Apple Pay Later has finally left the “early access” period of its life, and is now available to all Apple Pay users in the United States. Given the service was first announced last June, with the goal of launching on iOS 16, it’s about darn time.
The idea behind Apple Pay Later is simple. When making a purchase with Apple Pay, you can split the total into four separate payments. The first is paid right away, while the other three are paid at 14 day intervals over the next 6 weeks — and all interest free. If you’ve ever used services like Klarna or Affirm, it’s pretty much the same principle.
If you’ve been part of the Apple Pay Later early access program, then this news will be pretty meaningless — because nothing has actually changed for you. For other Apple Pay users, you should now be able to see the option to “Pay Later” during the checkout process.
Apple Pay Later is available on websites and apps that accept Apple Pay, for purchases between $75 and $1,000 made on your iPhone or iPad.
You can, of course, continue to pay in full if you’d rather get the money side of things out of the way. But considering the program is interest free, and you can already afford to make the payments on time, splitting the total might ease the financial burden ever so slightly.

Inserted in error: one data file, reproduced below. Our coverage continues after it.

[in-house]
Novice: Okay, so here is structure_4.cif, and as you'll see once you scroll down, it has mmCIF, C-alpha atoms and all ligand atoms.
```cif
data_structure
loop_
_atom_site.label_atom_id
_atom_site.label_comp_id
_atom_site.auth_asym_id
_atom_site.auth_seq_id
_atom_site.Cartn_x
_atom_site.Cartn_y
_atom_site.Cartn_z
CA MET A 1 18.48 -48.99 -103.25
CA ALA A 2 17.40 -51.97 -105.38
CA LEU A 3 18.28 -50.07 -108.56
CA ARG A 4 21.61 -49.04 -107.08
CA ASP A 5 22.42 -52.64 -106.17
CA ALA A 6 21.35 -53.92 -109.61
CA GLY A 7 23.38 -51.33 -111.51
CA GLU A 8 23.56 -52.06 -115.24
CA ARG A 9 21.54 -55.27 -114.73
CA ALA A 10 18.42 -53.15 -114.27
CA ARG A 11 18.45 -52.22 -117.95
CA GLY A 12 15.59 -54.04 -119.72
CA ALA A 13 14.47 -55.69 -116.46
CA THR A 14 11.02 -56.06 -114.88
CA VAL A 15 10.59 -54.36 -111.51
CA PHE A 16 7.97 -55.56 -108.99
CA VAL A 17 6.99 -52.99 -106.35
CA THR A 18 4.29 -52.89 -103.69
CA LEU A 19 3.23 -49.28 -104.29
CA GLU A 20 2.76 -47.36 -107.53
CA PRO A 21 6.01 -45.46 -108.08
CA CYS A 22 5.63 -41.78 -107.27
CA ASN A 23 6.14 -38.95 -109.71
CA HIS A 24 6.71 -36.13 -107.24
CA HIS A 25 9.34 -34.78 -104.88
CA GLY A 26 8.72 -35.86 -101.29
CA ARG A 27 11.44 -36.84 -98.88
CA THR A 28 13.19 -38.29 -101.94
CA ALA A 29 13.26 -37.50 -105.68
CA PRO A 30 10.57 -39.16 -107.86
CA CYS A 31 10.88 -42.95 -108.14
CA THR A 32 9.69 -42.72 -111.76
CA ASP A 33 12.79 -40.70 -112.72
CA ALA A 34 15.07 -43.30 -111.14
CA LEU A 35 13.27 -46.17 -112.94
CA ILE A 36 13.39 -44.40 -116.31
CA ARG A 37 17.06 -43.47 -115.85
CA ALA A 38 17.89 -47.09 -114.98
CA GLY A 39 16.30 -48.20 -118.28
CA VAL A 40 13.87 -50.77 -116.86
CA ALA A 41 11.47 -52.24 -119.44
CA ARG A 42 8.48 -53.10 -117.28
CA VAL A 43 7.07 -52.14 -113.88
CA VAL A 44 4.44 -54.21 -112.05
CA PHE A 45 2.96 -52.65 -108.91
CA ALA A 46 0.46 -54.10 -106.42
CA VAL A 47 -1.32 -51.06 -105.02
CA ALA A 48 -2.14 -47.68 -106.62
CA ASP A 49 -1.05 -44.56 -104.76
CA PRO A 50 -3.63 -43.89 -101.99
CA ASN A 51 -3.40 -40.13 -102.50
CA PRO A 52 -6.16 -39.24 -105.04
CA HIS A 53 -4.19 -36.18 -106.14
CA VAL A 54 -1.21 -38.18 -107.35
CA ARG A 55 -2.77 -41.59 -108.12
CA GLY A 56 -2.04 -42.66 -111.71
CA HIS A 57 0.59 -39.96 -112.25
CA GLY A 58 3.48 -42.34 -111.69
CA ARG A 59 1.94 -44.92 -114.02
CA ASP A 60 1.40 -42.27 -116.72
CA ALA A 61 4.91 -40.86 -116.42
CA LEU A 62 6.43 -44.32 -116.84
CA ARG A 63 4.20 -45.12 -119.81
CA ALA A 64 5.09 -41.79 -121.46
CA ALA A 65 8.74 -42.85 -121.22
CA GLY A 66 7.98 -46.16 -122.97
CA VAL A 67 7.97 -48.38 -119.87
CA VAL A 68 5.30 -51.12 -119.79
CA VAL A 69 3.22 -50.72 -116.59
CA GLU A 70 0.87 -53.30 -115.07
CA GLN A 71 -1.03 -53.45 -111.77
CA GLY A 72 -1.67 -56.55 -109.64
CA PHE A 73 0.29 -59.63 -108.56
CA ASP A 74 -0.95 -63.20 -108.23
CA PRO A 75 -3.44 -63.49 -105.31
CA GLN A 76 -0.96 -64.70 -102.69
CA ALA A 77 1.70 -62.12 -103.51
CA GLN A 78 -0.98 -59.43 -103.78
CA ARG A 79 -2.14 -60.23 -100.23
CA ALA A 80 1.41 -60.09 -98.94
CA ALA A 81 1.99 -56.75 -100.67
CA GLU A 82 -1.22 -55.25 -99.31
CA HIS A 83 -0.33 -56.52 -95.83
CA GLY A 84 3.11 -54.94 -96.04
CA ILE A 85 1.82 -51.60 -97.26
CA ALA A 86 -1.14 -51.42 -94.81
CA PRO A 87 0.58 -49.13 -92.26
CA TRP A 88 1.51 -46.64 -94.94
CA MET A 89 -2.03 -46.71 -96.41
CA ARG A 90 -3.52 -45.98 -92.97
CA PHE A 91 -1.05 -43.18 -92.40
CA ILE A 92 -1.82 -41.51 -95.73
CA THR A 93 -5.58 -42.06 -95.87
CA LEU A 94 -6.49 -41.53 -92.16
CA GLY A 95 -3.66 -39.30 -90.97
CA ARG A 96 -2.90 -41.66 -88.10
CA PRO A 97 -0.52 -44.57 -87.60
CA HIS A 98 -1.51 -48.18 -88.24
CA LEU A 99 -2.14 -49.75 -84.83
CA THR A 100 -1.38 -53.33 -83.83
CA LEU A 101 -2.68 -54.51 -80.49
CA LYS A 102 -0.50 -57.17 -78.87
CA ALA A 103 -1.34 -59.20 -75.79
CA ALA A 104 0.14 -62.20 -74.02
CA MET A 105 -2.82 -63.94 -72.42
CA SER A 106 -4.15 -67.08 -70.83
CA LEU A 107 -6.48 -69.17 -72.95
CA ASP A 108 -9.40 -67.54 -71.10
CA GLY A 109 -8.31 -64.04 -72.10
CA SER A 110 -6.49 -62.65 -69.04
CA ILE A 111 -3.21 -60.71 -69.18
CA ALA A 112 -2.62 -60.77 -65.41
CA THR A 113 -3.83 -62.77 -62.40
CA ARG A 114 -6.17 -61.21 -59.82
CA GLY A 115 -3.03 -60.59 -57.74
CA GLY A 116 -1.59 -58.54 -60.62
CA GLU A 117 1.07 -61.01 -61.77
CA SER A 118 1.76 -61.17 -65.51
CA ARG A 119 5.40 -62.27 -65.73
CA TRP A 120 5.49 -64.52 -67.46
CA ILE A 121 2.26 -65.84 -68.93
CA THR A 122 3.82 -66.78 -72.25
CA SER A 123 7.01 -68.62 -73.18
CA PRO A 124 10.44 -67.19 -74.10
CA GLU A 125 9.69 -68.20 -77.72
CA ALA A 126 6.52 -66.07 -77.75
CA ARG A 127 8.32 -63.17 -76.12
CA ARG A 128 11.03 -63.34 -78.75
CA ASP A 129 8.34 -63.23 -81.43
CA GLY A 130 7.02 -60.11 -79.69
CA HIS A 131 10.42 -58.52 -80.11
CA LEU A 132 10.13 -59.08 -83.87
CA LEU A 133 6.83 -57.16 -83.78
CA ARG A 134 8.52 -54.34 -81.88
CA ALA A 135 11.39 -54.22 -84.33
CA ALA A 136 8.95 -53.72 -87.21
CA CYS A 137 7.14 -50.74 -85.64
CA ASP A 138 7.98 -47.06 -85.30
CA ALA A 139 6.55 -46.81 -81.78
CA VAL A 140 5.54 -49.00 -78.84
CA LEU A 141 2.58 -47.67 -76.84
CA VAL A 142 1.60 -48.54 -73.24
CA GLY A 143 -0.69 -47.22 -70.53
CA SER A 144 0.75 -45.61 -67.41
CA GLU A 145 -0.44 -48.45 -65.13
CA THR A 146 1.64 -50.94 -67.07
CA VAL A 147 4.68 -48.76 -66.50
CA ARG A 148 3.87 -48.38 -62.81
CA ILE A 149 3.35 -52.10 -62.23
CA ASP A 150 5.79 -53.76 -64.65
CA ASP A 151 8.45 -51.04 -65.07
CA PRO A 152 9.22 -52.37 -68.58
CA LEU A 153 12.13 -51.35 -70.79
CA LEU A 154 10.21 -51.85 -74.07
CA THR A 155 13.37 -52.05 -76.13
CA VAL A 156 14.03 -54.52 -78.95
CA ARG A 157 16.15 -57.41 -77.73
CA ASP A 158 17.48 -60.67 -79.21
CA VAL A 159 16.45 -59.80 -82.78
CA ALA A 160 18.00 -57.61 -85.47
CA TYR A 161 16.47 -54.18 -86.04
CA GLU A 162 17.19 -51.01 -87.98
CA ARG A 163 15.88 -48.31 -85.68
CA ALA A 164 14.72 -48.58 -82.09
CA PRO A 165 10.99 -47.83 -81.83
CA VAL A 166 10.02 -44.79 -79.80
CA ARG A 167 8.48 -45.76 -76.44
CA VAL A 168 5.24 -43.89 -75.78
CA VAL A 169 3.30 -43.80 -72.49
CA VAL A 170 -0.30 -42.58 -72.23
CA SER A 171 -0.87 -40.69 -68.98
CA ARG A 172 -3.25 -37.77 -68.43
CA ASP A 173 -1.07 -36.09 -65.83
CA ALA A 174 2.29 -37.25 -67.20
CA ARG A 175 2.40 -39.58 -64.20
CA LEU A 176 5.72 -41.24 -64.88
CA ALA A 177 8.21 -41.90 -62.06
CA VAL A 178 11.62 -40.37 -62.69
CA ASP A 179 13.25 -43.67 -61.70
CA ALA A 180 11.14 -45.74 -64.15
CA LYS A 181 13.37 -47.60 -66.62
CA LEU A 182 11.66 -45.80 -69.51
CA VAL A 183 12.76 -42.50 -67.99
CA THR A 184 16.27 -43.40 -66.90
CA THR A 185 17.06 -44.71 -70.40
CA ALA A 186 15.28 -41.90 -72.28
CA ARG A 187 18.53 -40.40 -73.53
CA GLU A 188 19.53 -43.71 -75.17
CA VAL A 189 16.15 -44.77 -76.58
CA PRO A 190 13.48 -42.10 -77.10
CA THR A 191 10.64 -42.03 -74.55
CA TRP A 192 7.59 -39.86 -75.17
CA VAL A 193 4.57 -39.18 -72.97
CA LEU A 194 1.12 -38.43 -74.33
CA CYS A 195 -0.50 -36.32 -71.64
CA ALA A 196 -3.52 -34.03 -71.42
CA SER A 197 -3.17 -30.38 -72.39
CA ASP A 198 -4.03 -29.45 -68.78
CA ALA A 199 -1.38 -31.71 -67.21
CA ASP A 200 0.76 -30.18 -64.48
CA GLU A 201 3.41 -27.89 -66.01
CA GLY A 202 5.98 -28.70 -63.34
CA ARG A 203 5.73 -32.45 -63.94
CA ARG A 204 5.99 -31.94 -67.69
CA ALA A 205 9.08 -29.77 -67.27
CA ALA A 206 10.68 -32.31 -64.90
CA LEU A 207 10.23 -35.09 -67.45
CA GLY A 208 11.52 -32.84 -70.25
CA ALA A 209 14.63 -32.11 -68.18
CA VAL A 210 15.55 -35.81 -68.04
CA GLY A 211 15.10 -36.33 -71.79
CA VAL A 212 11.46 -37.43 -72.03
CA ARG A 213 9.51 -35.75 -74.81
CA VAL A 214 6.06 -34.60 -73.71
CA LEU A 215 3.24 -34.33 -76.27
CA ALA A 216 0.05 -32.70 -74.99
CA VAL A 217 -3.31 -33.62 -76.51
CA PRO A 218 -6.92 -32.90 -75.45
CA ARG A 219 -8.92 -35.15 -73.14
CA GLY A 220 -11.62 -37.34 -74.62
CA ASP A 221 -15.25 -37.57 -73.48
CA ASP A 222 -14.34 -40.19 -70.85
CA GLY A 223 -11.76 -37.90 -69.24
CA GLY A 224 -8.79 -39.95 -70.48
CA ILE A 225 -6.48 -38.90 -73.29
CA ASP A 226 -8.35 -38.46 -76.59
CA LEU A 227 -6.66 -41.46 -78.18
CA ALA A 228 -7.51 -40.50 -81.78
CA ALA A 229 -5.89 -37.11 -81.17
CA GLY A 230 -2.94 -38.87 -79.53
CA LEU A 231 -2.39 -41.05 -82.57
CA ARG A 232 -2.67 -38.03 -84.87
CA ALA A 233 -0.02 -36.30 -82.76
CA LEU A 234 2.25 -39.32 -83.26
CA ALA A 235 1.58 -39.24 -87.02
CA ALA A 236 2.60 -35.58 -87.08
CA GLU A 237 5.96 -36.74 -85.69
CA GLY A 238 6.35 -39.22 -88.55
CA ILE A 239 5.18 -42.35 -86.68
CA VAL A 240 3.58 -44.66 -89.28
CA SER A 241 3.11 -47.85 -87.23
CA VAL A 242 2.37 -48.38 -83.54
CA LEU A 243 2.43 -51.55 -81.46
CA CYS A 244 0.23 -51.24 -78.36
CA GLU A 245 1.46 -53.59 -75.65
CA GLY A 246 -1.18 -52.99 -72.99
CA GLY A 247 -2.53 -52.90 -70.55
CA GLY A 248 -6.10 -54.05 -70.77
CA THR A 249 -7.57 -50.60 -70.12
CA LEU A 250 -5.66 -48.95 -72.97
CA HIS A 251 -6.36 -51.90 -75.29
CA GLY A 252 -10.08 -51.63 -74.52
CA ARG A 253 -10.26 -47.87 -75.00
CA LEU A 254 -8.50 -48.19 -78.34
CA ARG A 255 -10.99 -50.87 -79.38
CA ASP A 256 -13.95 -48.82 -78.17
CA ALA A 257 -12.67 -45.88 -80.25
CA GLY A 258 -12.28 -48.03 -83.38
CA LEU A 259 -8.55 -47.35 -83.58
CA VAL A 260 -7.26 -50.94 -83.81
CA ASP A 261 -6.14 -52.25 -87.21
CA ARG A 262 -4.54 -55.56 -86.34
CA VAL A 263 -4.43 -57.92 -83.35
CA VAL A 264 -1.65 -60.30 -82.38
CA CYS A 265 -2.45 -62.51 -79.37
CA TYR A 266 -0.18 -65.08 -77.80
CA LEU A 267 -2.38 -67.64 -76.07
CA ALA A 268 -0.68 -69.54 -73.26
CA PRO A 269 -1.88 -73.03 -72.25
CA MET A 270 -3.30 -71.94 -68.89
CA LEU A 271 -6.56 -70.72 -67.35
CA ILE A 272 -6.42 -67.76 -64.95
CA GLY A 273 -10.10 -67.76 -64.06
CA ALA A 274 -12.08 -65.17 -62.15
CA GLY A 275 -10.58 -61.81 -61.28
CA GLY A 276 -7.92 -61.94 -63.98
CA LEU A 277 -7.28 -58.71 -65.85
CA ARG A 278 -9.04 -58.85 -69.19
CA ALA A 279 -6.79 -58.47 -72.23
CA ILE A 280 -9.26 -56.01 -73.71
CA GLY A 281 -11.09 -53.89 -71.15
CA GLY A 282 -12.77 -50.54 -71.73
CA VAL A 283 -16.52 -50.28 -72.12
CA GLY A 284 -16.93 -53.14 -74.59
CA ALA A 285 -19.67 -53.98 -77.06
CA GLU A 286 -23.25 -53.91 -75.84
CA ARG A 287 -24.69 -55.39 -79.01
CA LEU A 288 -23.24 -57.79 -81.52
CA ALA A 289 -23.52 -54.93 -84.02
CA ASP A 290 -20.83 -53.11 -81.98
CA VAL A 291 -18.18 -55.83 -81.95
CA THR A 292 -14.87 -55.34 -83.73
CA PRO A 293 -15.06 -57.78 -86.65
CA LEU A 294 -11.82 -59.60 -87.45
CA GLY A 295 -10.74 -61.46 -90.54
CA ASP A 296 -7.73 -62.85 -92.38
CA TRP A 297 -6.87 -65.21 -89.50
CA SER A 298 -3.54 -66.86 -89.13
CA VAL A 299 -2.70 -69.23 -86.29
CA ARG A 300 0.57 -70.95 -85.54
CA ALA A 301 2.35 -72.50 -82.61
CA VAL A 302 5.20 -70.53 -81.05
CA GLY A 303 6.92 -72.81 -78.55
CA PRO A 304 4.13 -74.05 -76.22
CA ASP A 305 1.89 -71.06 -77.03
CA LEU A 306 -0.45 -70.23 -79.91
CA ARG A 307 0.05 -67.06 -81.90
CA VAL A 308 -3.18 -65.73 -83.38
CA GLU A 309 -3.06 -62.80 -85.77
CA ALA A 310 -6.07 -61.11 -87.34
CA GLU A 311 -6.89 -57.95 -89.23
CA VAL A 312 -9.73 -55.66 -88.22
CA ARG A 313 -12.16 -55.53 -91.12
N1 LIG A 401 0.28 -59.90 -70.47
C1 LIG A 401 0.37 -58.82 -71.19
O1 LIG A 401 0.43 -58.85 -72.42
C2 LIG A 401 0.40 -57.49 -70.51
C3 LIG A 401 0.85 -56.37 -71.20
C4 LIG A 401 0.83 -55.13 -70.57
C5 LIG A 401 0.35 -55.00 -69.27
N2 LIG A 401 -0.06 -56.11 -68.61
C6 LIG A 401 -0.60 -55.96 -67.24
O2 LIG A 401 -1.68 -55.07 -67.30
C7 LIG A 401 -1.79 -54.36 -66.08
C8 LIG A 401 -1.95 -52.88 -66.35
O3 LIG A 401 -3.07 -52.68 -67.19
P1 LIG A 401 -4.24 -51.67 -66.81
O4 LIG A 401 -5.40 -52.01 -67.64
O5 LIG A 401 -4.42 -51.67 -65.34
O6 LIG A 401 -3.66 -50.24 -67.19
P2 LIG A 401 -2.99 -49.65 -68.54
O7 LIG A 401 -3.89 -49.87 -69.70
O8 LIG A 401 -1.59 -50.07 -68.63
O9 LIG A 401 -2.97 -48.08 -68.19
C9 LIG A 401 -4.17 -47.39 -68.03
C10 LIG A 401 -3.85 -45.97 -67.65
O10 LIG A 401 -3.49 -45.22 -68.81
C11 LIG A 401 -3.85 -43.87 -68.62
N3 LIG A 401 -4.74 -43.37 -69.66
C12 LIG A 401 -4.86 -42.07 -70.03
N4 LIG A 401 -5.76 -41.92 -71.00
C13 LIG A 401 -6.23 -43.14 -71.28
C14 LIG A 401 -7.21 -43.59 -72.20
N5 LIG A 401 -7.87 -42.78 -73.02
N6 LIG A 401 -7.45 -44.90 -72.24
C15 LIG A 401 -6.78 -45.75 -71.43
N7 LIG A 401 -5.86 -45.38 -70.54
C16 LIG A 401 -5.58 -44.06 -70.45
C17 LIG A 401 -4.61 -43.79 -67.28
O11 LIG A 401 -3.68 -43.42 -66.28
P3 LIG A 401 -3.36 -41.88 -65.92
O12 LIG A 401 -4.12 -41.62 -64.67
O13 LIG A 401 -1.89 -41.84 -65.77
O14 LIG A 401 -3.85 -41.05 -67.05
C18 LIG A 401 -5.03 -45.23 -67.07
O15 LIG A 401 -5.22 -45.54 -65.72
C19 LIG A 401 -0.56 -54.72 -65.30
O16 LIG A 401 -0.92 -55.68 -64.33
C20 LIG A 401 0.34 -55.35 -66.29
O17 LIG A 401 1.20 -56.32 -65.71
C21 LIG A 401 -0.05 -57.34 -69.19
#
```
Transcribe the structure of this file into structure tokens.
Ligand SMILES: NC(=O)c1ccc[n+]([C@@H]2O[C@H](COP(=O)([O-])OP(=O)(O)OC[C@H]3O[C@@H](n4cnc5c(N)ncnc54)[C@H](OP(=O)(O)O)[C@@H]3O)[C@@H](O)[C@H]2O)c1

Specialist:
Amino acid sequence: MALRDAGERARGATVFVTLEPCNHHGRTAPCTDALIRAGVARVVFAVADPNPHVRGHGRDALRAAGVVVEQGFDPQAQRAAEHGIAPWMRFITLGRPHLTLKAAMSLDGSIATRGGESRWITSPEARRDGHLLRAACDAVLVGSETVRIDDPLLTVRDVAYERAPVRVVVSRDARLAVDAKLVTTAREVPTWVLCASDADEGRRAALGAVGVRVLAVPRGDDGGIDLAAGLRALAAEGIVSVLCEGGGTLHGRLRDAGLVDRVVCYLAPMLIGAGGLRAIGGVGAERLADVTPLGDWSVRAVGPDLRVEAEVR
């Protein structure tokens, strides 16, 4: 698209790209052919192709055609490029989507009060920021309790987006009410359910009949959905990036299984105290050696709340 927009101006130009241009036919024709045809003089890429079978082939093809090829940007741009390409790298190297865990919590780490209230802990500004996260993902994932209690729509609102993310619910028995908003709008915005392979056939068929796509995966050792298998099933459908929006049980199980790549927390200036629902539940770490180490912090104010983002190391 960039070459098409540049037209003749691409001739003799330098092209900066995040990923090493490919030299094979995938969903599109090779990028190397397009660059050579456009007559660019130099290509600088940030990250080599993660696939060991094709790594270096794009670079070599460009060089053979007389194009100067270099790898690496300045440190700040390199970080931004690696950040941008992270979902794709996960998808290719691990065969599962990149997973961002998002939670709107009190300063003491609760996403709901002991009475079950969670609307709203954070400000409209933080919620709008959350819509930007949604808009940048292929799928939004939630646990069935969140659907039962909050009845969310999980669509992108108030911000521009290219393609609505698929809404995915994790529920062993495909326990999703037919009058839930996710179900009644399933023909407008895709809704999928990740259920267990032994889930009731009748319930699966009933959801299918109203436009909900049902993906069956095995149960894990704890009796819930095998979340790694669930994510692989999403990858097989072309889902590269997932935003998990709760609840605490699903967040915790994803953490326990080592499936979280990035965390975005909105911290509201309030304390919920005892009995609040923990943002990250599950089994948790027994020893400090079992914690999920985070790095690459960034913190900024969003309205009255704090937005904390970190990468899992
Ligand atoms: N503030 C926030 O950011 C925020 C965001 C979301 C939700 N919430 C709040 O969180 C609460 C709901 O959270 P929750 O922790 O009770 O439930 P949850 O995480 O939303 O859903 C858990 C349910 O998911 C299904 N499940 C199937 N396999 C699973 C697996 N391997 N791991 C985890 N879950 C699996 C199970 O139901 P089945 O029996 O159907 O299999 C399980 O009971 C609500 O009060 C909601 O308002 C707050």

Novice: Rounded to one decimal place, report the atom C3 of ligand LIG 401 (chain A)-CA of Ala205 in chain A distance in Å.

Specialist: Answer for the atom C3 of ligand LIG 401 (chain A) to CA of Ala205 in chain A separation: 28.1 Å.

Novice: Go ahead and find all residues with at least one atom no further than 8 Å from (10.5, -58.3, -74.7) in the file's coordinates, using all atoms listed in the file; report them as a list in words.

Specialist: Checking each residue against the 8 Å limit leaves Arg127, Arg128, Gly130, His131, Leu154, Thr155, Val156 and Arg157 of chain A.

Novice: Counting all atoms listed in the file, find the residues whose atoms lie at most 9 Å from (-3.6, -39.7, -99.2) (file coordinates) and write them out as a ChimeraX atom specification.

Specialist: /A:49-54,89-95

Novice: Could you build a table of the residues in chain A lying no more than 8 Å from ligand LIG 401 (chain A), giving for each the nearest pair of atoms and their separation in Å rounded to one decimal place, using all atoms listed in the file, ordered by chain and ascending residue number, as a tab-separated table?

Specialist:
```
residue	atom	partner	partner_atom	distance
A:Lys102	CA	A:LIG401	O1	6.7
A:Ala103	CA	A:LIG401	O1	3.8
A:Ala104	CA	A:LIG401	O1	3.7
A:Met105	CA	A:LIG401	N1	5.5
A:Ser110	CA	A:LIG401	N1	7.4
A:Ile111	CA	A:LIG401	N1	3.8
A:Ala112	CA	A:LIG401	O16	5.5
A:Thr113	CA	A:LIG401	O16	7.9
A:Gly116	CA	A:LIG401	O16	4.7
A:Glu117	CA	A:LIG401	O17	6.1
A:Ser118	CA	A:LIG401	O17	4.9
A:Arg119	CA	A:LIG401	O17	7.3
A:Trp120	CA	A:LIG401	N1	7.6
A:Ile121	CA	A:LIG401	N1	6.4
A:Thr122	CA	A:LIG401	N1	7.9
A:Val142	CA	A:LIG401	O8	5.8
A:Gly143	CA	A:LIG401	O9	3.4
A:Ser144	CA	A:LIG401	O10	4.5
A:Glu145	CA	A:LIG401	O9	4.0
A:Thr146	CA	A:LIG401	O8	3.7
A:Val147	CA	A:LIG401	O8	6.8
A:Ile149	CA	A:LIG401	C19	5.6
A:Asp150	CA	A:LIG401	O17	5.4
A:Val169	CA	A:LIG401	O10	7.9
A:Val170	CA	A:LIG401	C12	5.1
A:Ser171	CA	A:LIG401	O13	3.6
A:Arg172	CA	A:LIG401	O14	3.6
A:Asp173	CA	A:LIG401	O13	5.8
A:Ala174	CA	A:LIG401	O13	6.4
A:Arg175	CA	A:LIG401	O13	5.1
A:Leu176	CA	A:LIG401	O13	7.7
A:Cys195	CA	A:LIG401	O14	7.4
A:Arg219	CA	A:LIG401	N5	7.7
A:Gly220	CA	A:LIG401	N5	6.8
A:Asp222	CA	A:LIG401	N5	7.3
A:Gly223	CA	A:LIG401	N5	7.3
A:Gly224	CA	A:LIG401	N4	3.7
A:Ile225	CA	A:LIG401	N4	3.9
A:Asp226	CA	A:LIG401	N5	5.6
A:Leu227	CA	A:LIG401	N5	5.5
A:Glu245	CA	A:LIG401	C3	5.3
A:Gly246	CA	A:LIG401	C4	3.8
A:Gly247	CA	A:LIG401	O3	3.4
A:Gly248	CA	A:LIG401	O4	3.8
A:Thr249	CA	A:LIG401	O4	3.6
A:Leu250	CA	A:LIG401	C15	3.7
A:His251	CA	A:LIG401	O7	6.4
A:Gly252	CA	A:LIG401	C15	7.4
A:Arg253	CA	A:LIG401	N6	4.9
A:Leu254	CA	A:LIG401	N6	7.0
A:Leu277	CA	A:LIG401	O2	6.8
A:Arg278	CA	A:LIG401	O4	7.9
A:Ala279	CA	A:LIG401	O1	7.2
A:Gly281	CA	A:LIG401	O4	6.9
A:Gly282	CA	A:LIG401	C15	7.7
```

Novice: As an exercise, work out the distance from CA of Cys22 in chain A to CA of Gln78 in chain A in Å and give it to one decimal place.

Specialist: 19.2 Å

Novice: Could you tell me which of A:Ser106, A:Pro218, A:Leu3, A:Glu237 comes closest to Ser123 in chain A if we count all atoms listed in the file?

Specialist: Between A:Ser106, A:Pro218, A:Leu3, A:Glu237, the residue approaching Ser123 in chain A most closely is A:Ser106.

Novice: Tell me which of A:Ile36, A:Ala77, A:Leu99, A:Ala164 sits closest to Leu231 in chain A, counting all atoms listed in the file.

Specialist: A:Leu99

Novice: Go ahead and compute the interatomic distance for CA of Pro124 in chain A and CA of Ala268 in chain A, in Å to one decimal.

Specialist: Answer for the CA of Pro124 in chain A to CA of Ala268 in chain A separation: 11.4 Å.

There are no late fees for missing a payment, though you shouldn’t rely on this to buy stuff you can’t afford to pay for. There’s always consequences to that, and while Apple doesn’t specify them they’re not likely to be good.
There are some conditions before you can start using Apple Pay Later, of course. It doesn’t look like you have to apply anymore, but Apple’s website notes that you need to be at least 18, have a physical U.S. address (not a PO BOX) and have a debit card attached to your Apple Pay account. As is the case with most loan and credit-centric payment plans, you can’t pay for Apple Pay Later purchases on your credit card.
You’ll also need to have two-factor authentication set up, and ensure your device is updated to the latest version of iOS or iPadOS. Apple also mentions there’s a possibility you may have to verify your identity with a driver's license or state ID.
There’s no word on whether Apple Pay Later will be coming to other regions, or even when it might happen. So in the meantime, unless you’re a resident of the U.S., you’ll have to stick with regular old Apple Pay for the immediate future.